Harvard Medical School's Center for Biomedical Informatics and healthcare benefits giant Aetna are forming a research collaborative to improve the quality and cost of healthcare. Researchers from CBI and Aetna will use bioinformatics, the application of computer science and information technology to the field of biology and medicine, to analyze healthcare data in new ways.
"Major advances in research and clinical care can be made by applying new bioinformatics techniques to large, aggregated clinical databases," said Isaac (Zak) Kohane, MD, a professor of pediatrics and health sciences and technology at Harvard Medical School and co-director of CBI, in a statement. Kohane, along with Brian Kelly, MD, head of informatics and strategic alignment at Aetna, will supervise the research.
The researchers will focus on:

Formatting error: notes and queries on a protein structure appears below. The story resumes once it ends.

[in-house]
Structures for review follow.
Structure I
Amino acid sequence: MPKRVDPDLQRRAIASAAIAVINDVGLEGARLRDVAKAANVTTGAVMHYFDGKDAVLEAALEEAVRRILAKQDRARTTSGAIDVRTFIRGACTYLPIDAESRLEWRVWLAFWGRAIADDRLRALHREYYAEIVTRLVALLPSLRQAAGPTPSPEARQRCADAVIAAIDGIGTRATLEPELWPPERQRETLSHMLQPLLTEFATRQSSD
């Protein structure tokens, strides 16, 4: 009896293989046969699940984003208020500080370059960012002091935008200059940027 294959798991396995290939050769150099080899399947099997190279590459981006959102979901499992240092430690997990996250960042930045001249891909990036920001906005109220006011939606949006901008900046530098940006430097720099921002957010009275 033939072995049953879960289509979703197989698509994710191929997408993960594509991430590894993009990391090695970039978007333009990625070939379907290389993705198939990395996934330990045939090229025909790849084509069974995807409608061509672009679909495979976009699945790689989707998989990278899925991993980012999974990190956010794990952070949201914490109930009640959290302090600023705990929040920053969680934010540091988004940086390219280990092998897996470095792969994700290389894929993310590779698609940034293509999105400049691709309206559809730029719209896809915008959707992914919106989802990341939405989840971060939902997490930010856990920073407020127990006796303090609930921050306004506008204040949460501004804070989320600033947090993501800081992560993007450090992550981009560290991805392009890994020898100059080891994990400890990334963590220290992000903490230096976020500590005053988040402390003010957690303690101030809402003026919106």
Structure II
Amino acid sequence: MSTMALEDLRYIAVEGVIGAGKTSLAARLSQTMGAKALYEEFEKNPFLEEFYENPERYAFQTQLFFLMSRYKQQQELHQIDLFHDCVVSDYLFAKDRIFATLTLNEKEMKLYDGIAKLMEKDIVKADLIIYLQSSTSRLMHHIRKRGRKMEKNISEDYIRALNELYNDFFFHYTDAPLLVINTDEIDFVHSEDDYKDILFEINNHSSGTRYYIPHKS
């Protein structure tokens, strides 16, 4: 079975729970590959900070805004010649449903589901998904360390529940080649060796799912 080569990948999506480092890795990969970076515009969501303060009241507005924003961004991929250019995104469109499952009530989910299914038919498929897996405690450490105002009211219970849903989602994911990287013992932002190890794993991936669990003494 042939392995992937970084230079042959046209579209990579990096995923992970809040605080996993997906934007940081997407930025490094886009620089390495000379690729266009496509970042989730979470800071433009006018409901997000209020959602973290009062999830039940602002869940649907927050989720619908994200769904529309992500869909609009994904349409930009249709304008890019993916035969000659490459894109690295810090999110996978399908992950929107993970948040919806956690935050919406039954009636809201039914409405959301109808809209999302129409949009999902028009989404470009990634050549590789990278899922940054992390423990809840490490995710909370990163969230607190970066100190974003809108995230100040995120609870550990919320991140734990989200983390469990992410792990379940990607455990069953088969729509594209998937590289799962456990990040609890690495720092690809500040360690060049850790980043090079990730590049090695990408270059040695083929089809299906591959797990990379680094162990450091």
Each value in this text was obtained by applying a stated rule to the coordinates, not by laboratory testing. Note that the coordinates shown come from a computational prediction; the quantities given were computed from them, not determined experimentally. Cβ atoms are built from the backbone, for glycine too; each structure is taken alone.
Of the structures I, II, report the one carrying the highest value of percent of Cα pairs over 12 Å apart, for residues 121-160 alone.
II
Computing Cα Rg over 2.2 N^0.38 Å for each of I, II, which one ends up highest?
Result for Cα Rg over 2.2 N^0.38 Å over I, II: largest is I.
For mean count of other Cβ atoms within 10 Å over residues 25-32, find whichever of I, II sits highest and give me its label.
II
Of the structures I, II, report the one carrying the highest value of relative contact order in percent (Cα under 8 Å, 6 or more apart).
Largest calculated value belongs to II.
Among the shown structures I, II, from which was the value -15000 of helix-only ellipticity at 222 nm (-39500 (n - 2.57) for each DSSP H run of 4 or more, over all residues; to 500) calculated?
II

• Evaluating the outcomes of various treatments for specific conditions based on quality and cost.
• Determining factors that predict adherence to medical and drug treatments for chronic diseases.
• Studying how claims data and clinical data available through electronic health records can best be used to predict disease and follow outcomes.
• Improving the ability to predict adverse events through the proactive study of claims and clinical data.
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"If our healthcare system is going to become a 'learning' healthcare system, we need to better use the enormous amount of information we derive from healthcare to develop tools to understand what is happening today – such as which drugs are not working as safely as we thought, which therapies have unexpected benefits, what are the predictors of effective diabetes management and which genetic tests are likely to usefully guide therapy," Kohane added. "Major advances in research and clinical care can be made by applying new bioinformatics techniques to large, aggregated clinical databases. We are excited about the opportunity to work with Aetna to rapidly develop and deploy algorithms and applications that can make a real impact on biomedical discovery and patient care."